The UDL Symposium received overwhelmingly positive feedback from attendees, who found the event both enjoyable and inspiring. Participants appreciated the opportunity to meet individuals from various roles, all united by a common goal of advancing Universal Design for Learning (UDL). One attendee remarked, "Really enjoyable, great to meet loads of people who do very different roles to me, but we all link together in many ways!" Another highlighted the collective effort, stating, "It was very inspiring to see so many people around the country working towards a common goal of UDL" The workshops and keynote speaker were particularly praised for their practical and inspiring content, with one participant noting, "I learnt so much in the workshop sessions, and the keynote speaker was brilliant. Very inspiring, practical and doable."

Participants identified key takeaways from the Symposium including the effectiveness of embedding UDL as the default approach, the importance of starting with manageable improvements, and the recognition of diversity as a strength, especially in educational settings. Attendees described the event as "amazing, inspiring, energising," underscoring the positive impact and motivational atmosphere of the symposium.

One resounding message across multiple presenters and participants was the “plus one” approach to UDL implementation: that we can make positive impact by continually working to remove one more barrier or create one more inclusive option. This approach was in fact a driver for the way in which the UDL symposium itself was held this year. For the first time, the Symposium could be engaged with in both an in-person and online mode (previously being solely online), and the two were brought together with interactive keynote and panel discussions. Additionally, those in-person could attend any online session, and those online could attend the livestream of in-person sessions. While those in person engaged in a networking lunch, so did those online, bringing along their food, meeting new colleagues and chatting about the ‘hot topics’ in UDL. Feedback from participants illustrated that there are benefits of both online and in-person options, with participants able to select the mode which suited their needs, preferences, and circumstances. Applying UDL takes iterative “plus ones” and ADCET is already reflecting on how to further strengthen UDL within future events.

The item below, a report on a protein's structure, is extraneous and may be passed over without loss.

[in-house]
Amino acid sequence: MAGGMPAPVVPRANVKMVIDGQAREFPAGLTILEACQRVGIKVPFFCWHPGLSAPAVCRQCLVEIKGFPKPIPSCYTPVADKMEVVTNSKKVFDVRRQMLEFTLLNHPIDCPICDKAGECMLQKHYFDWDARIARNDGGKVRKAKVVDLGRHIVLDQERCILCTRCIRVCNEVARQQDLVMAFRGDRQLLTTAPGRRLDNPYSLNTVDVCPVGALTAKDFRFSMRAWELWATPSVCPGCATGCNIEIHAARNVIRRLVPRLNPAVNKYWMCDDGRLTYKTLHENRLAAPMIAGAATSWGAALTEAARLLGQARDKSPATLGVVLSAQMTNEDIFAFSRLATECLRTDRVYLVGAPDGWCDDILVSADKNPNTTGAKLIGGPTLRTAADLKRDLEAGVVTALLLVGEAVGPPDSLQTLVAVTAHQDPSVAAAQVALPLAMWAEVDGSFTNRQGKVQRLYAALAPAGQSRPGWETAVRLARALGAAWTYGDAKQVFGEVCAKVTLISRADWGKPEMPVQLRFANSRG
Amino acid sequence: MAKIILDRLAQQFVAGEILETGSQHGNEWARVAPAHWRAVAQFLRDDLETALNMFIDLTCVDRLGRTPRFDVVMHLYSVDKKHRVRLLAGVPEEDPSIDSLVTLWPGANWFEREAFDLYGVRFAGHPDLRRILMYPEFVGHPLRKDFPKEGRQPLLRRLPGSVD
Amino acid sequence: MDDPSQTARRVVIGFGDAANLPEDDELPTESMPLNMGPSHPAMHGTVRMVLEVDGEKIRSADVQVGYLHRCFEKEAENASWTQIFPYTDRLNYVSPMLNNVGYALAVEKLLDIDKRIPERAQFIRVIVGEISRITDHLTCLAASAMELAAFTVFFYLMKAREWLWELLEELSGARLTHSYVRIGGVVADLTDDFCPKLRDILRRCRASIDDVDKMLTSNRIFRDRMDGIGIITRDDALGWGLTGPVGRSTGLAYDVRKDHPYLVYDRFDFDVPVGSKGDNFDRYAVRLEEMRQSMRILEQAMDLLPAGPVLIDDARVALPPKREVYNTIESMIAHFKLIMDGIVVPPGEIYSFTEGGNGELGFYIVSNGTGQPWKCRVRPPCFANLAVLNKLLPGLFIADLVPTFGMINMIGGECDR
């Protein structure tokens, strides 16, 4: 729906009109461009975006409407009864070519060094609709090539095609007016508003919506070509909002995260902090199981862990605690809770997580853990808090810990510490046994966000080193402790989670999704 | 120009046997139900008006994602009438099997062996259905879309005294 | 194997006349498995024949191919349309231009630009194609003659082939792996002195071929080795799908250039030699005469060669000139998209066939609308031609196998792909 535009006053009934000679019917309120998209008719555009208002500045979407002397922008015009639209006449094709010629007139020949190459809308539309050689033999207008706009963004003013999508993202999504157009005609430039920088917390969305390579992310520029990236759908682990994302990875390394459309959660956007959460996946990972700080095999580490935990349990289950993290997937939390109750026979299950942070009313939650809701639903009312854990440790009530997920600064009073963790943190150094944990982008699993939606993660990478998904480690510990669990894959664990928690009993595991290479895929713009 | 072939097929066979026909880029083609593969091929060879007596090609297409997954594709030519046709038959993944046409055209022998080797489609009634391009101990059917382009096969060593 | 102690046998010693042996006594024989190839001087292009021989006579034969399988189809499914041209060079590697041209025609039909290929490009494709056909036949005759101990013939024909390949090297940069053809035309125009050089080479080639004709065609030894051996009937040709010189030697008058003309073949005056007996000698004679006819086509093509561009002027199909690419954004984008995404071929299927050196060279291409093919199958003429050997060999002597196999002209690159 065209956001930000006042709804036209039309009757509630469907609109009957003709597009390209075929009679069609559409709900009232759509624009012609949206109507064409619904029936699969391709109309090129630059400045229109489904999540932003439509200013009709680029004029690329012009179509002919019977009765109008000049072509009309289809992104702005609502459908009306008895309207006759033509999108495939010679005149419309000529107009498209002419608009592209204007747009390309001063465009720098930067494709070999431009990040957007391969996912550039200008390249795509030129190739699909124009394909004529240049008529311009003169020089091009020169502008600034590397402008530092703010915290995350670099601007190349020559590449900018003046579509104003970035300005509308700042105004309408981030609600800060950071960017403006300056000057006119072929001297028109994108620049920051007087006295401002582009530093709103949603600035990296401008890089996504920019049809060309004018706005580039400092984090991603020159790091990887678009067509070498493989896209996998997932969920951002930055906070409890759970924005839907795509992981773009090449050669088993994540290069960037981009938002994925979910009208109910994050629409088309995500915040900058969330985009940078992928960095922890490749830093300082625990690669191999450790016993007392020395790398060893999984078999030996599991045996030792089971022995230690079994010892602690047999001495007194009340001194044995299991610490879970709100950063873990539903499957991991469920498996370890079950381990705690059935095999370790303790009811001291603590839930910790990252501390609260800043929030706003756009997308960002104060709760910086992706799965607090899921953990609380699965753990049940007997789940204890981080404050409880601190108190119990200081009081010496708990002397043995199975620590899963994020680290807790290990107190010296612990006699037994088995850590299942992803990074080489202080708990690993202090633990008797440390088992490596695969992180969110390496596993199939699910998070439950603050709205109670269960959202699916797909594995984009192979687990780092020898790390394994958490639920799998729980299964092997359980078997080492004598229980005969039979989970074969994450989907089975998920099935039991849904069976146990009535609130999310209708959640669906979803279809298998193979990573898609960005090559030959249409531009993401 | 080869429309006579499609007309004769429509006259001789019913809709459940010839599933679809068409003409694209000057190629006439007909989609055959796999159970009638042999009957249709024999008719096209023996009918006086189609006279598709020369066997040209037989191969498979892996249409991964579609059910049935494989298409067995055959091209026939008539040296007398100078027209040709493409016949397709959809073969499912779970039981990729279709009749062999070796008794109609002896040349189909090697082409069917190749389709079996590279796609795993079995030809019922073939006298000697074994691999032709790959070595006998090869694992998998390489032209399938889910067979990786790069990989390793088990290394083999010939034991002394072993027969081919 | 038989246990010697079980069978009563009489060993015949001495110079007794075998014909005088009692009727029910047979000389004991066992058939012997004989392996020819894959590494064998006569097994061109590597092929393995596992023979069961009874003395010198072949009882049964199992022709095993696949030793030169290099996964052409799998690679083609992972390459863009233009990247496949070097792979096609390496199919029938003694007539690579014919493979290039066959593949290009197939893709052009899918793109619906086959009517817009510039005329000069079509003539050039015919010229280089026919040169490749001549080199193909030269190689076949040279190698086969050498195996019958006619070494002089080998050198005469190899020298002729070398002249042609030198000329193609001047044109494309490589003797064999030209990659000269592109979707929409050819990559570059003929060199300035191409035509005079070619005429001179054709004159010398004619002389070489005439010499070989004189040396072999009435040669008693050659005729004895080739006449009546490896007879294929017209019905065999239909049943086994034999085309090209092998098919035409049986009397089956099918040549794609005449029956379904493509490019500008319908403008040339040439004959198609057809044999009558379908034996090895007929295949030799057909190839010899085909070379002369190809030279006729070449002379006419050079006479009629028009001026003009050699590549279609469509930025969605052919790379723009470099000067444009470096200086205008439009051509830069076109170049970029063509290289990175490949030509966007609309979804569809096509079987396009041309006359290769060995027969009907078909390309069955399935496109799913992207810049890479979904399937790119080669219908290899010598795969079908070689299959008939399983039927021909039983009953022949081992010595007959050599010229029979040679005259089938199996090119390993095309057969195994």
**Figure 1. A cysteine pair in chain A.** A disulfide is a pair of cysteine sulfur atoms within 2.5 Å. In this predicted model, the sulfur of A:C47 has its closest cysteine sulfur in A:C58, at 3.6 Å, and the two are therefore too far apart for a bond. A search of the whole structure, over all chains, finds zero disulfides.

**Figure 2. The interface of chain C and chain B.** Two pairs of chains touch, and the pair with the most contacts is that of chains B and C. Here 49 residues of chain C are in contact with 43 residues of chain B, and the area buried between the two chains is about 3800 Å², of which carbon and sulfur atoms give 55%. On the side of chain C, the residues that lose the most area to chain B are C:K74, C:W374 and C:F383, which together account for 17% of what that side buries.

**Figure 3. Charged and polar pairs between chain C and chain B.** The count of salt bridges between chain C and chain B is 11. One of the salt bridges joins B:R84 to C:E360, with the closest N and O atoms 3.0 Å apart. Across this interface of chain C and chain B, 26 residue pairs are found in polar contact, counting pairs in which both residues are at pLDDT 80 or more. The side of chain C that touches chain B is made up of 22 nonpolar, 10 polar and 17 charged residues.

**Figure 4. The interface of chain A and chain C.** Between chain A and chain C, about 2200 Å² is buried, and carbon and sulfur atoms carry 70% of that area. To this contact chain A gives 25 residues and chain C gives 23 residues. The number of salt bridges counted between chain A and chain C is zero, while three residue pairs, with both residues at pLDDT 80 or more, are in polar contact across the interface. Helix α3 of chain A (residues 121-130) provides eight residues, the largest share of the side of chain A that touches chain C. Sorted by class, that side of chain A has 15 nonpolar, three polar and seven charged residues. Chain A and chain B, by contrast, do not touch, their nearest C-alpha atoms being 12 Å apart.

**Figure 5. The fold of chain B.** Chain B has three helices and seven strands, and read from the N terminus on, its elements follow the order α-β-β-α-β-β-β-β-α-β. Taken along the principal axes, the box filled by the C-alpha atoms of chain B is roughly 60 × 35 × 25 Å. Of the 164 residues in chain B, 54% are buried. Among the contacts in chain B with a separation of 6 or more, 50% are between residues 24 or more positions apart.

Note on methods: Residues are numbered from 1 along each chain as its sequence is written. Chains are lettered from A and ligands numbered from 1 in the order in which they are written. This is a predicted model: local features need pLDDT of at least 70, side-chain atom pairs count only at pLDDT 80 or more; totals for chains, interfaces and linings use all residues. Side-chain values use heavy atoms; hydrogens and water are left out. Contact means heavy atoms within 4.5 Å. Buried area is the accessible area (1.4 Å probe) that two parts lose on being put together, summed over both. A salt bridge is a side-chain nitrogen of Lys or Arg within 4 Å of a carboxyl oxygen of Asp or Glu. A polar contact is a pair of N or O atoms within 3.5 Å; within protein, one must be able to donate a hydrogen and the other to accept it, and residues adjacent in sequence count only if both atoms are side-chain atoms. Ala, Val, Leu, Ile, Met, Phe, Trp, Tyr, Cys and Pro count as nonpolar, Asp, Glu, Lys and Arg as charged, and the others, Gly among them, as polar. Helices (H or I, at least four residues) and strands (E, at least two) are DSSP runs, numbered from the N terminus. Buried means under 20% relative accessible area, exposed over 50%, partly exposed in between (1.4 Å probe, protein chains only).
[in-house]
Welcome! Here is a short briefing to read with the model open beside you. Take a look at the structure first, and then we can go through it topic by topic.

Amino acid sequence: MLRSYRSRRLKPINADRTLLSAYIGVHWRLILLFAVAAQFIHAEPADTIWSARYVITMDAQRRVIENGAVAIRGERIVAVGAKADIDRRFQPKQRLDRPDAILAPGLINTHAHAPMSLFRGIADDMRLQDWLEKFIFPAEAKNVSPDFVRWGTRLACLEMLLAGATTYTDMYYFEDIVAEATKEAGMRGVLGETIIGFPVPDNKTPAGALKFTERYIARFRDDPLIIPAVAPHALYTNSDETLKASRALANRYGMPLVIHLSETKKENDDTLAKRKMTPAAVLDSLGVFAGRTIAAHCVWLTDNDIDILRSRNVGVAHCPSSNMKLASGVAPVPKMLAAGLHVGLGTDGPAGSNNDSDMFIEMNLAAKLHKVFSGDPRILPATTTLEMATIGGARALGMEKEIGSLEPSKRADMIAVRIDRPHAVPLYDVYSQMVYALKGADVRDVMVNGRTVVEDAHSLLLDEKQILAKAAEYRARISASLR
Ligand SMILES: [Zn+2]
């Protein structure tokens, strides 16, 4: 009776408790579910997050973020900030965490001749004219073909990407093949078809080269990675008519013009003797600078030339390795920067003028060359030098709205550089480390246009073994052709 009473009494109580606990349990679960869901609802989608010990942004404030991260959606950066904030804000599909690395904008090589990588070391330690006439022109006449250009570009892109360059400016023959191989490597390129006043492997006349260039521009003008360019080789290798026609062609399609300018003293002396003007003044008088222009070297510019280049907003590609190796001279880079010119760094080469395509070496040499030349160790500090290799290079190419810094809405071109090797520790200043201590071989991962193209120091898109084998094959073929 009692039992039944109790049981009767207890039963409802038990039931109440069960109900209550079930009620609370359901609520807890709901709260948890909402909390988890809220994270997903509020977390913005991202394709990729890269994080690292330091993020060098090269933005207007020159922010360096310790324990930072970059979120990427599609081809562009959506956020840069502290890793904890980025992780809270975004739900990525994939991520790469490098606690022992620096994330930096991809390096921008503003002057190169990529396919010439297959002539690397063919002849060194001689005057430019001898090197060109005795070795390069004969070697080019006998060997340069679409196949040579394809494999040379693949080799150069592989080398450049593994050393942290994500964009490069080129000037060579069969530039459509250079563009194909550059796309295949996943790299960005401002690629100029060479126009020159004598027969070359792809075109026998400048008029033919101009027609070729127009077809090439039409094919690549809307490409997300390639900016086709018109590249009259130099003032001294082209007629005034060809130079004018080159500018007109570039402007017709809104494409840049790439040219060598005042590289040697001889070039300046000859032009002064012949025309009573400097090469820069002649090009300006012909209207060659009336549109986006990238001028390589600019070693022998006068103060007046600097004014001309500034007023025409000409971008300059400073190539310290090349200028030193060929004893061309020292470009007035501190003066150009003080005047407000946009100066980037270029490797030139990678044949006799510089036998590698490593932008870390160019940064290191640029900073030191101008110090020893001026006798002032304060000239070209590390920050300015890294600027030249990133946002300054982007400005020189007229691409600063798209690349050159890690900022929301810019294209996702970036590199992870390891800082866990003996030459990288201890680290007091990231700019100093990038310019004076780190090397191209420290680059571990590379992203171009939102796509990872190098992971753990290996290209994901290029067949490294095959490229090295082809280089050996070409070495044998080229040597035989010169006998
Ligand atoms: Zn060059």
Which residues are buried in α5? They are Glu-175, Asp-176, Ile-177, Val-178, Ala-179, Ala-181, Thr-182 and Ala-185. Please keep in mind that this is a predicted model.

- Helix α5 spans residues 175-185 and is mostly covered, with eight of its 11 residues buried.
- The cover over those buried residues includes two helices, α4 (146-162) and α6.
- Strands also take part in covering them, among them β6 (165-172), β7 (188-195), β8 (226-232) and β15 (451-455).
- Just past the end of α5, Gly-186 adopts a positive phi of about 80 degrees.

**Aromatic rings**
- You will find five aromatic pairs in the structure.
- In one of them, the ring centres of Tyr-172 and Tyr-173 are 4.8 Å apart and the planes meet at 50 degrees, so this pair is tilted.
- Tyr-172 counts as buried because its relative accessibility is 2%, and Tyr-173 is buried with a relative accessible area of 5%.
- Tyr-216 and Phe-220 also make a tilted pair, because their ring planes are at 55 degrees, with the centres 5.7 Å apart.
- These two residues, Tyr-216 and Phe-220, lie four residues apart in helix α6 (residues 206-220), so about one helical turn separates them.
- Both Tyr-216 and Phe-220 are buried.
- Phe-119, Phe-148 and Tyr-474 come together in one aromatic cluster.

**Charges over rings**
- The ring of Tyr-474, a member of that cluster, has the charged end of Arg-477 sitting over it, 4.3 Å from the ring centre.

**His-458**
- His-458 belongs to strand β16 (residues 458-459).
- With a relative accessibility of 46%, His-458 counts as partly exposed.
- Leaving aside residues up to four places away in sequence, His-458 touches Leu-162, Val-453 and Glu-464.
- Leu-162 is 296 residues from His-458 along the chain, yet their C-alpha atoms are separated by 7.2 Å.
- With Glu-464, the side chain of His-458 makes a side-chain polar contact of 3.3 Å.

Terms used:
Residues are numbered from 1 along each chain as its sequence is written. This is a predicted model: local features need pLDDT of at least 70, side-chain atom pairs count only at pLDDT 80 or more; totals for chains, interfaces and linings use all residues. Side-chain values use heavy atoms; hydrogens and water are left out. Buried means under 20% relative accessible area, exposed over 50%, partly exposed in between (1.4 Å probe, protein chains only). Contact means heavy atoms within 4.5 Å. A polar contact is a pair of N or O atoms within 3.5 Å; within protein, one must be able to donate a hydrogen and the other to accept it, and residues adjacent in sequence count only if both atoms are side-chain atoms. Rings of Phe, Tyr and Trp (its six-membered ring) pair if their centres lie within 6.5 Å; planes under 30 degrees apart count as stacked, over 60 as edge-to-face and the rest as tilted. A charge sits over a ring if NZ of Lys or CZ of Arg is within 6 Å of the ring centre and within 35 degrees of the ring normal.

What will your “plus one” be?

Images captured at the Symposium by RMIT

Kate Anderson presenting at the UDL Symposium

 Thomas Tobin presenting at the UDL Symposium

Professor Sherman Young presenting at the UDL Symposium

Photos courtesy of RMIT